Toto Wolff: New engine supplier makes 11th team debate ‘a completely different game’

Sam Cooper
Toto Wolff looking downcast. Spa-Francorchamps August 2022.

Toto Wolff said he is happy to “share the cake if the cake is bigger” in reference to other teams joining Formula 1.

As the sport’s popularity has grown, there has been an increasing number of constructors wanting in on the act.

The Andretti Group has been, so far unsuccessfully, trying to enter F1 since last year while both Audi and Porsche are working on making their way in with the former confirming they will enter 2026 as an engine constructor.

Audi want more though and have been working to purchase the Sauber team while Porsche up until recently looked to have a deal with Red Bull for a 50-50 partnership but that has since fallen through.

It is Andretti though who has had a harder time with their pleas repeatedly falling on death ears from the FIA and the F1 teams.

Wolff has been the biggest opponent to the hypothetical Andretti arrival and argued that while it is a big name that could attract even more US viewers, it would also lessen the current teams’ value as they would be forced to share their winnings with an extra team.

For the first time, Wolff has conceded some ground in the fight and said that if a team like Andretti were to agree a deal with a new power unit supplier than that would be a different arrangement.

Currently there are four engine suppliers who service all of the teams. Mercedes powers Williams and McLaren as well their own car, Red Bull Powertrain engines are in the Red Bull and AlphaTauri cars, Ferrari supply themselves, Haas and Alfa Romeo while Renault make their own engines for the Alpine team.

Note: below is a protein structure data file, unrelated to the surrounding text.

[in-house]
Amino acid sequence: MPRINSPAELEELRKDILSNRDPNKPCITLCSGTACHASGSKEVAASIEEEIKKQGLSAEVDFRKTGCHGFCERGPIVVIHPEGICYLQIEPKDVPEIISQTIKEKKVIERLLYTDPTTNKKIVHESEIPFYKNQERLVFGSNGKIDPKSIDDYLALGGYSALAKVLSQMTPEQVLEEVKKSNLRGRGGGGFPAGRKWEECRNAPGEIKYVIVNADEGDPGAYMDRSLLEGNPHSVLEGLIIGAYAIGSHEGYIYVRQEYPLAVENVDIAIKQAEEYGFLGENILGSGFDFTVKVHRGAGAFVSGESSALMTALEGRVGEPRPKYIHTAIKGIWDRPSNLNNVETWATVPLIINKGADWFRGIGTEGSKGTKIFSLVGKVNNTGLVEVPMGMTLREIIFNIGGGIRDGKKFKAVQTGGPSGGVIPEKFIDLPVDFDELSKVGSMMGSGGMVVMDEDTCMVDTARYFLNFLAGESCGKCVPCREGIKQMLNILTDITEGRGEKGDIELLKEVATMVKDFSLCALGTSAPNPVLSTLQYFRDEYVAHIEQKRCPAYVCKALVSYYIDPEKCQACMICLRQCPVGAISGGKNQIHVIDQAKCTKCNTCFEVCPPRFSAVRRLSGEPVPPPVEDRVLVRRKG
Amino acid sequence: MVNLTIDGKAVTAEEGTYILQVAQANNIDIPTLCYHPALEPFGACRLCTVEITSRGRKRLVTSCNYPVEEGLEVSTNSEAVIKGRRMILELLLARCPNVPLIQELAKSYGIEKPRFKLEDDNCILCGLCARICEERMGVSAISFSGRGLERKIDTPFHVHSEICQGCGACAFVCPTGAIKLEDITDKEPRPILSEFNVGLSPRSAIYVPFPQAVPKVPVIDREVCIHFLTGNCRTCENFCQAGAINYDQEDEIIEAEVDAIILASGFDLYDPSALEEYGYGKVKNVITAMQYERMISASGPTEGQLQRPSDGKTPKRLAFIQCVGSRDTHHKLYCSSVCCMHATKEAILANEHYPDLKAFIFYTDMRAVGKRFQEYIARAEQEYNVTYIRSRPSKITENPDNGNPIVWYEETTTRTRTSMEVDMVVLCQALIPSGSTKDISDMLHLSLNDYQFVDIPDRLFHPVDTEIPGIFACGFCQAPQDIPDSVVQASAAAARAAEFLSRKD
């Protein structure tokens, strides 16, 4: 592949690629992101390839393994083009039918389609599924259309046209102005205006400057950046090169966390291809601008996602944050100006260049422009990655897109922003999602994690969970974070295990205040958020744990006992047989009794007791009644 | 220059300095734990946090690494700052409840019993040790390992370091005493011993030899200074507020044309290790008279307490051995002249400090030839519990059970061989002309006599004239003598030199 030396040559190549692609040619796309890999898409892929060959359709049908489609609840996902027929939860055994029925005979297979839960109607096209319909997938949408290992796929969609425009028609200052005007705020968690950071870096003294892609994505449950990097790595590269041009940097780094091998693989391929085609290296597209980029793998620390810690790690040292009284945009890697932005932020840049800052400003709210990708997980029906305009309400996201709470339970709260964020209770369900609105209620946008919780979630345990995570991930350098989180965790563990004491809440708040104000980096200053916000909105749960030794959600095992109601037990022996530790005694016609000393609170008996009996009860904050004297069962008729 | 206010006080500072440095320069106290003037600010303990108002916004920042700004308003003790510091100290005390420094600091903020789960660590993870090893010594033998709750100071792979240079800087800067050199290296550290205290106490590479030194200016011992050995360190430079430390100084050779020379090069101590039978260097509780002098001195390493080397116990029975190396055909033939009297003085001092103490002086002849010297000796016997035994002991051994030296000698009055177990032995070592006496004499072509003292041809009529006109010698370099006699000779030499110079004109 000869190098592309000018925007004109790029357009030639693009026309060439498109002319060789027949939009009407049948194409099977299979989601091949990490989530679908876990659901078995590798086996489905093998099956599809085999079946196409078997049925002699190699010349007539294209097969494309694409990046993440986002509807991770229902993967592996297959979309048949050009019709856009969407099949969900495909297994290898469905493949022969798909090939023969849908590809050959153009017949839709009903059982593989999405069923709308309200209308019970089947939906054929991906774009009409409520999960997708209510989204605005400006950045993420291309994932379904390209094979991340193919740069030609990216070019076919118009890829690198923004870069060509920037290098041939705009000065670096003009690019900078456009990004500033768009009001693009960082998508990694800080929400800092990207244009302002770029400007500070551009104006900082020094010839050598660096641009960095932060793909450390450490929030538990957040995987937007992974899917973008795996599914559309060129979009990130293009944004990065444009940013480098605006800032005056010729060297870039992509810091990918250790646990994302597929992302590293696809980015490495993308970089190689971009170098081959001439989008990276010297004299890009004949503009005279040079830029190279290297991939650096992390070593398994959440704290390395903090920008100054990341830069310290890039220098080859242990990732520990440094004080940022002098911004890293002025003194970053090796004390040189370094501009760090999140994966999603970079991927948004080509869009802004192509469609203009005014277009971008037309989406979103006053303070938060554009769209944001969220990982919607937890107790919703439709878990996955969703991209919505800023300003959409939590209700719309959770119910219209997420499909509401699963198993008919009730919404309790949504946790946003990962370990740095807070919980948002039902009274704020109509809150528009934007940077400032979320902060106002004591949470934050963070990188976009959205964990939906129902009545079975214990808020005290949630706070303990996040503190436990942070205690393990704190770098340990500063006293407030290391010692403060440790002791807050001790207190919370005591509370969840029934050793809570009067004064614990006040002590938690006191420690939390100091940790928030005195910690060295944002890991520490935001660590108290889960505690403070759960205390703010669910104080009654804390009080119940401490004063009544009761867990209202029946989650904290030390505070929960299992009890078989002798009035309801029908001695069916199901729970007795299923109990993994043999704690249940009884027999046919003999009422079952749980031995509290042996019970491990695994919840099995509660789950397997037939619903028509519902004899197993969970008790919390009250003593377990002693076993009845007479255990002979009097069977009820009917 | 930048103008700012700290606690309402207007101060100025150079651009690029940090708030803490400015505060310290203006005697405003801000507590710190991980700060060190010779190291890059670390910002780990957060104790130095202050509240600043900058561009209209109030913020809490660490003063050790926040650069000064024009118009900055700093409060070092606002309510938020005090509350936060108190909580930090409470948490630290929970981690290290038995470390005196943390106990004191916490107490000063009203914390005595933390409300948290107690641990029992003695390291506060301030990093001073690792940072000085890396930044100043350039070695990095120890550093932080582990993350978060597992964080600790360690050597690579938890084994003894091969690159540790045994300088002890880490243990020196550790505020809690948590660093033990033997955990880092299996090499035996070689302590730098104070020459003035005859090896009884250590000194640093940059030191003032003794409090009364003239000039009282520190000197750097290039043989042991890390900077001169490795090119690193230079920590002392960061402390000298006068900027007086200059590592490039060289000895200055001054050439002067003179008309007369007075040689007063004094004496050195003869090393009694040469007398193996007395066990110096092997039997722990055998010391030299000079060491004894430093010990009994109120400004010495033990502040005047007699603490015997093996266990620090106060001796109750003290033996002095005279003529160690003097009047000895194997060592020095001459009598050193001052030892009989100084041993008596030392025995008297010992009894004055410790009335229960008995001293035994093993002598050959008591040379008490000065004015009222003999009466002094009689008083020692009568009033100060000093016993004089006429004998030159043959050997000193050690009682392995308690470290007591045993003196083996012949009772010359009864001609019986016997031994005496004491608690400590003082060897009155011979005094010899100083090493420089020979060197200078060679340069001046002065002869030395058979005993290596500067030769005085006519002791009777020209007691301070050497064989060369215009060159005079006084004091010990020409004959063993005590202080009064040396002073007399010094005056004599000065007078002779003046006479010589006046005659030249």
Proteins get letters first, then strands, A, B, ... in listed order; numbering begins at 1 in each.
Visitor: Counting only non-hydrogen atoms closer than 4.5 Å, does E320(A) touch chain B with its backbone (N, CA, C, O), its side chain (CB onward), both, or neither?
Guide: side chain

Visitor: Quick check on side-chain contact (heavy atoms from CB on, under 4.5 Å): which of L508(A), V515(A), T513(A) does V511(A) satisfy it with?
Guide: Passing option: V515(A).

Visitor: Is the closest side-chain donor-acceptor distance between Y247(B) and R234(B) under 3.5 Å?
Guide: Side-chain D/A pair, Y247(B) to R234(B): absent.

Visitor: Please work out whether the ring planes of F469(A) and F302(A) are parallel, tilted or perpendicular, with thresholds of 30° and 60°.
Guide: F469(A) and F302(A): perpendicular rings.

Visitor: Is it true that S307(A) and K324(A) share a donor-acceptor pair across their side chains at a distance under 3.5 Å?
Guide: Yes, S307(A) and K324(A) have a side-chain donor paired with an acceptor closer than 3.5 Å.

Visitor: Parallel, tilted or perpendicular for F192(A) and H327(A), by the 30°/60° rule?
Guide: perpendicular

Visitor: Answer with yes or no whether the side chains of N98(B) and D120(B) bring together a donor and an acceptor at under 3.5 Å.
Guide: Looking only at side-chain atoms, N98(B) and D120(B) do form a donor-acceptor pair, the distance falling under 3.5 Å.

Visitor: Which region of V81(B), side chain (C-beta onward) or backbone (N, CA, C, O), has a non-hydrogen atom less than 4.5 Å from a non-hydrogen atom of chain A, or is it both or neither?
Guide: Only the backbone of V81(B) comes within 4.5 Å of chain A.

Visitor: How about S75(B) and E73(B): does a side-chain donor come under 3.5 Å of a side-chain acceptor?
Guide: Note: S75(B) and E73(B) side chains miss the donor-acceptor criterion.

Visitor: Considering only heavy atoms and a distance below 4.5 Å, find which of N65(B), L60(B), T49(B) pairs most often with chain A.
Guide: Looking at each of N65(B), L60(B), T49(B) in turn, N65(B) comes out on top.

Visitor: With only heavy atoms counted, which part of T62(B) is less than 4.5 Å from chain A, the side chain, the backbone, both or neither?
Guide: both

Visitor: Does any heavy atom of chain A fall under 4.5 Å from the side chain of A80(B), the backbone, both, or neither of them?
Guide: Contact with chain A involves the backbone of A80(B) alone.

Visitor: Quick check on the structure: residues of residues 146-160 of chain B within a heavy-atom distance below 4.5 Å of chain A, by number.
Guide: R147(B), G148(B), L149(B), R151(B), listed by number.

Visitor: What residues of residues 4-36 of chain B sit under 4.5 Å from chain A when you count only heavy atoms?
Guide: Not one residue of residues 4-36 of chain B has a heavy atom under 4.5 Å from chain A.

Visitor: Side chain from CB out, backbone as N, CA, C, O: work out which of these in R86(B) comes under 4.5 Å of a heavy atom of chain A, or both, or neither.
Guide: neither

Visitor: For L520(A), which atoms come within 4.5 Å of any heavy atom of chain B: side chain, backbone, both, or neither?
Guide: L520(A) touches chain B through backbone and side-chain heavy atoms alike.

“Formula 1 thrives because we have 10 teams, each with a different DNA, dedicated to Formula 1, most of which have spent more than a few billion over many years,” Wolff said, as per motorsport-magazin.com.

“And that has made Formula 1 what it is today.

“If a new team wants to join, anyone is free to propose it to the FIA, then the FIA and F1 have to investigate whether that team is suitable for our business. That has not been the case so far.

“If a team comes with a new engine supplier and says this is what we want to do, then of course it’s a whole different ball game and will trigger different considerations, that’s the point for me as a team owner. It’s not a problem to share the cake if the cake is bigger.”

In the wake of Andretti’s struggle to break onto the F1 grid alongside Colton Herta’s inability to gain a superlicence, Formula 1 has been accused of being “elitist” and only wanting American money, not their drivers or teams.

“They don’t want us,” IndyCar driver Graham Rahal tweeted. “Remember that. They want US companies’ money, they want wealthy US individuals’ money. But they don’t care about the rest. Always has been that way, always will be.”